From Iowa to India: The Importance of Entrepreneurship in Promoting Human Dignity
My grandfather was a farmer from Farley, Iowa, but in many ways he was also an entrepreneur. He experimented with innovative farming techniques, calculated and assumed financial risks in unpredictable environments and, most importantly, created value-added products for his customers. Like any effective executive, he managed multiple streams of revenue, aligned short-term objectives with steadfast goals, and grounded his decision-making in sustainability, which prioritizes long-term profitability. His land was both a business and a source of livelihood for himself and his community. It provided income and employment, food and shelter, stability and prosperity. Indeed, this is the impact and importance of entrepreneurship: It is, at its core, dignifying.
From Rural to Urban
But more recently, for farmers in both the U.S. and India, the narrative has been quite different. Water wars, climate change and debilitating debt due to stagnant crop prices have made their profession less about dignity and more about survival. Farming, it seems, has become a bad business. Many farmers are being forced to abandon their rural communities in search of “greyer pastures” in growing urban centers. In India alone, these urban centers are expected to grow by 250 million residents during the next 20 years. Rural Indians are moving into cities for work, the lure of modern conveniences, or simply to be closer to fellow migrant family members. Considering that India will also have the largest millennial workforce in the world by 2027, we must ask: How will cities sustain their residents’ need for fresh food, clean water, waste management and gainful employment? Government funds are already being stretched thin by increasing demands on transportation infrastructure, an expanding energy grid and other public services. National or international aid organizations may provide relief for society’s most destitute, but that still leaves a large middle class searching for economic stability—as well as lingering concerns regarding environmental sustainability and community cohesion.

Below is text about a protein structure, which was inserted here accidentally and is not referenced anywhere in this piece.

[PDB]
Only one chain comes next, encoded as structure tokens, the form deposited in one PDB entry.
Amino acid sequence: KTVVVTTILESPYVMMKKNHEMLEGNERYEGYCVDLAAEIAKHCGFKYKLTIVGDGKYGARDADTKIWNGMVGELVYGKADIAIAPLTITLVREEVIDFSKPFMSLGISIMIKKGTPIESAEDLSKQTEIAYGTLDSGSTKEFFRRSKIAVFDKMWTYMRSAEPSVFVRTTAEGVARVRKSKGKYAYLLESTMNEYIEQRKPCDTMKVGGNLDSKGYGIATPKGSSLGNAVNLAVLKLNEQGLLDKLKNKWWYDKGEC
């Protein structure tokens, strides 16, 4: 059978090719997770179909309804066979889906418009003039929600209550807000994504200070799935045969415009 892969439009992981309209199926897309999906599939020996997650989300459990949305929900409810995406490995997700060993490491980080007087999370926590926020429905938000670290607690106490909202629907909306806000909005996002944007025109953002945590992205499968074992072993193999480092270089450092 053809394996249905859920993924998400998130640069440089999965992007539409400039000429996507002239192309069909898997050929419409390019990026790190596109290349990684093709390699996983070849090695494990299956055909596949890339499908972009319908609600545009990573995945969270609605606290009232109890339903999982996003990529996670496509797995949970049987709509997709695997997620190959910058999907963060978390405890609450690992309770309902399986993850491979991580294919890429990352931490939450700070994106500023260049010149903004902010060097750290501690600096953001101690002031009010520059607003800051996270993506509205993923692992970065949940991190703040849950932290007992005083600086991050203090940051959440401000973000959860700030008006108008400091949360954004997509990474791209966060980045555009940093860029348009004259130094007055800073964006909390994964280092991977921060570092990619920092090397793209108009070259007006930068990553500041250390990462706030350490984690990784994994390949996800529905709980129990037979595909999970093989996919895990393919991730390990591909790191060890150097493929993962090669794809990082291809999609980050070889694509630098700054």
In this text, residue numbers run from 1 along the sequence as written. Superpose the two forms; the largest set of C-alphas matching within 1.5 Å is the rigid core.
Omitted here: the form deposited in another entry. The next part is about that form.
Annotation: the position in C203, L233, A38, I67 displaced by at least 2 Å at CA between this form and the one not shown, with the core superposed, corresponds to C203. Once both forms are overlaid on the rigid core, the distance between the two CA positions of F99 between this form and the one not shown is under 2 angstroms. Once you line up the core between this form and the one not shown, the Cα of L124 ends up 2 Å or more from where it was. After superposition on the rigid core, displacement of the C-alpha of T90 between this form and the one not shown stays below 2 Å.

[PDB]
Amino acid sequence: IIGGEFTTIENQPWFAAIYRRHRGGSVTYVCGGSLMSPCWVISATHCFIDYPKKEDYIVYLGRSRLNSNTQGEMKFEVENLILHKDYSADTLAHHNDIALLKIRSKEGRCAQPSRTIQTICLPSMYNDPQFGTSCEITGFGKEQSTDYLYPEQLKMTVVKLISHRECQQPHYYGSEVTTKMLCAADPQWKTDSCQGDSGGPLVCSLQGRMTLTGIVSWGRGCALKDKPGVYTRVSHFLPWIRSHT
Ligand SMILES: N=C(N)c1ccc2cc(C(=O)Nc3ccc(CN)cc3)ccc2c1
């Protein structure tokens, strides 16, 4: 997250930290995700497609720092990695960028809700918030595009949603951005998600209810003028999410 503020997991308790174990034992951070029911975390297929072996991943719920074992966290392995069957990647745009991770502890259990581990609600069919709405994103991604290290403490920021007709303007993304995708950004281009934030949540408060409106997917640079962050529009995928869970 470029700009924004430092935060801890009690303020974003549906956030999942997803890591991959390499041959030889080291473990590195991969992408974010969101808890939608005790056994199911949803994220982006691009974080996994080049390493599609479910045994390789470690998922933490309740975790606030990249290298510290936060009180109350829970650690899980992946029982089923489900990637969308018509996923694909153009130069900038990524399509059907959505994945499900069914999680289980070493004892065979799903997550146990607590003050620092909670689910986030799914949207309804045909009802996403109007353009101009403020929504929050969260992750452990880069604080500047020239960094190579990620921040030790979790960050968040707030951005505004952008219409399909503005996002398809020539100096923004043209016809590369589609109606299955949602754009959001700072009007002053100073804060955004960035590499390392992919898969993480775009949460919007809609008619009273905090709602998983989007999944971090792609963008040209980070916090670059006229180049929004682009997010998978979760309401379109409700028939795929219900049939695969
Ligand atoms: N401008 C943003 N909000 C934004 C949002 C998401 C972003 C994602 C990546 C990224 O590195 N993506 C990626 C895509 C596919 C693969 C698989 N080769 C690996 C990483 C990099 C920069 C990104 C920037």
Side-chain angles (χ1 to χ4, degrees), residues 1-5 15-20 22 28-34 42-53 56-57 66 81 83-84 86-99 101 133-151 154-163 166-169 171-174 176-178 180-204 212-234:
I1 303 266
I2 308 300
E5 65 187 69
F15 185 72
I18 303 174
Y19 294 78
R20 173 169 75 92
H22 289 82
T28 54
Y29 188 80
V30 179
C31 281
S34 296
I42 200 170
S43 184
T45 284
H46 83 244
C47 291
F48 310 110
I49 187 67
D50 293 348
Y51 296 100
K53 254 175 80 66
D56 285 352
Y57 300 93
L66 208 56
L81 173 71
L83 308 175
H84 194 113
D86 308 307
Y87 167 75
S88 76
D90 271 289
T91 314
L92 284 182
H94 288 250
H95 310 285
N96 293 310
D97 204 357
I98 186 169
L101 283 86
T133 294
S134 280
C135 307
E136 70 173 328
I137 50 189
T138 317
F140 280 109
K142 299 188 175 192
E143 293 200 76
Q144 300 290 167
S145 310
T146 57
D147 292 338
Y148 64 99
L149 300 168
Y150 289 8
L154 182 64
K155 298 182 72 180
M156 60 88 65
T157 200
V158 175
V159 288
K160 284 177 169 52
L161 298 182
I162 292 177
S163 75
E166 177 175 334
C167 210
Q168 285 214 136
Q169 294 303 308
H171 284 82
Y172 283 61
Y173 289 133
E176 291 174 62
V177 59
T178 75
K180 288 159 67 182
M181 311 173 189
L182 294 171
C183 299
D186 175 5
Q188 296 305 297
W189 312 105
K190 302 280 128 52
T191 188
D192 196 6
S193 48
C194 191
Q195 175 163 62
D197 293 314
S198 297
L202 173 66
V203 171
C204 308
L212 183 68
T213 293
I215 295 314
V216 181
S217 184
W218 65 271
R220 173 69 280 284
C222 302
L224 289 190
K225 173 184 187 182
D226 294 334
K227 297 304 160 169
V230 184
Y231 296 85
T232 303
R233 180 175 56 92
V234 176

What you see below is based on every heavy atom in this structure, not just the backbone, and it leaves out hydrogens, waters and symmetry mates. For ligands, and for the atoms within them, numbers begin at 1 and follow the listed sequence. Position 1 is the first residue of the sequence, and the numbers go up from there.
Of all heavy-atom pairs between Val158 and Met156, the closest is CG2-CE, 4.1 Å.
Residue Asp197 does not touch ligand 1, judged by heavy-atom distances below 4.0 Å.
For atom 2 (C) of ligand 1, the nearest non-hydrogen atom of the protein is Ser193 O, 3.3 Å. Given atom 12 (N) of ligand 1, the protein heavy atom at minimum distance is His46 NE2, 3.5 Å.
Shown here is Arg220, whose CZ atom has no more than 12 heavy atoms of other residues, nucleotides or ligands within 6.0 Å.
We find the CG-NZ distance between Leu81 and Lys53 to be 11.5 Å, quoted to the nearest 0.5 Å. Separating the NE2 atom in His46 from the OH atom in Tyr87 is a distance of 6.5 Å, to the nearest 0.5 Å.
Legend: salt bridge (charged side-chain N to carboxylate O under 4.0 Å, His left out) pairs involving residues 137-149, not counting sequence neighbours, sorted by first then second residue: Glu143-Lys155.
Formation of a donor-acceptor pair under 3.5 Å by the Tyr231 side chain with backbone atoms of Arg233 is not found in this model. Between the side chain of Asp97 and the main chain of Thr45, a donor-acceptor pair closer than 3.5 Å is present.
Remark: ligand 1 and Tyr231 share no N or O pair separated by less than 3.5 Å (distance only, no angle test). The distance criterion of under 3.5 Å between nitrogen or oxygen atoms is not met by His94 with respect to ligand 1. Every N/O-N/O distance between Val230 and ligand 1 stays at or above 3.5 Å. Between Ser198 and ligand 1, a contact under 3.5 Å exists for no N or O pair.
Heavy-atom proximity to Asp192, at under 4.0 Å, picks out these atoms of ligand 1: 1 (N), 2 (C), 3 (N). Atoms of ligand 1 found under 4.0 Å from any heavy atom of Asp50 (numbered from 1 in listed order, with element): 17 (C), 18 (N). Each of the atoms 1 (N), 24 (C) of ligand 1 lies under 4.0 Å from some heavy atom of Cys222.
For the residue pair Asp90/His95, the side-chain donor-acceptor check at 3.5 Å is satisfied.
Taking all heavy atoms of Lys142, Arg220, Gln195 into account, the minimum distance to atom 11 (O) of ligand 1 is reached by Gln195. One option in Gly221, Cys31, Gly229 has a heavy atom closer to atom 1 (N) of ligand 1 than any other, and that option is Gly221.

Addressing these concerns is the primary purpose of Poornatha—the Madurai-based social enterprise with which I partnered as a WDI Global Impact Fellow this past summer. The mission of Poornatha is to foster socio-economic vibrancy and entrepreneurial resilience that contributes to cultural preservation and community-building throughout India. In collaboration with the Michigan Academy for the Development of Entrepreneurs (MADE) and the William Davidson Institute (WDI)* at the University of Michigan, we began an effort to co-design a scalable, transferable, affordable coaching curriculum for entrepreneurs in emerging economies. The goal of this program is to equip and empower entrepreneurs as values-centered, data-driven decision-makers who build enduringly successful businesses that strengthen their local communities. Over the course of 10 weeks, the team of four coaches and I interviewed two dozen entrepreneurs in Madurai to identify their most salient needs as business leaders. What were their most pressing skill or knowledge gaps? What were their specific market opportunities or business growth goals? What were the core values of their organizations? These conversations informed what is now an entrepreneurship education program for leaders of family-owned businesses, featuring training in cash flow analysis, marketing and brand management, leadership development and, most importantly, sustainable strategic decision-making.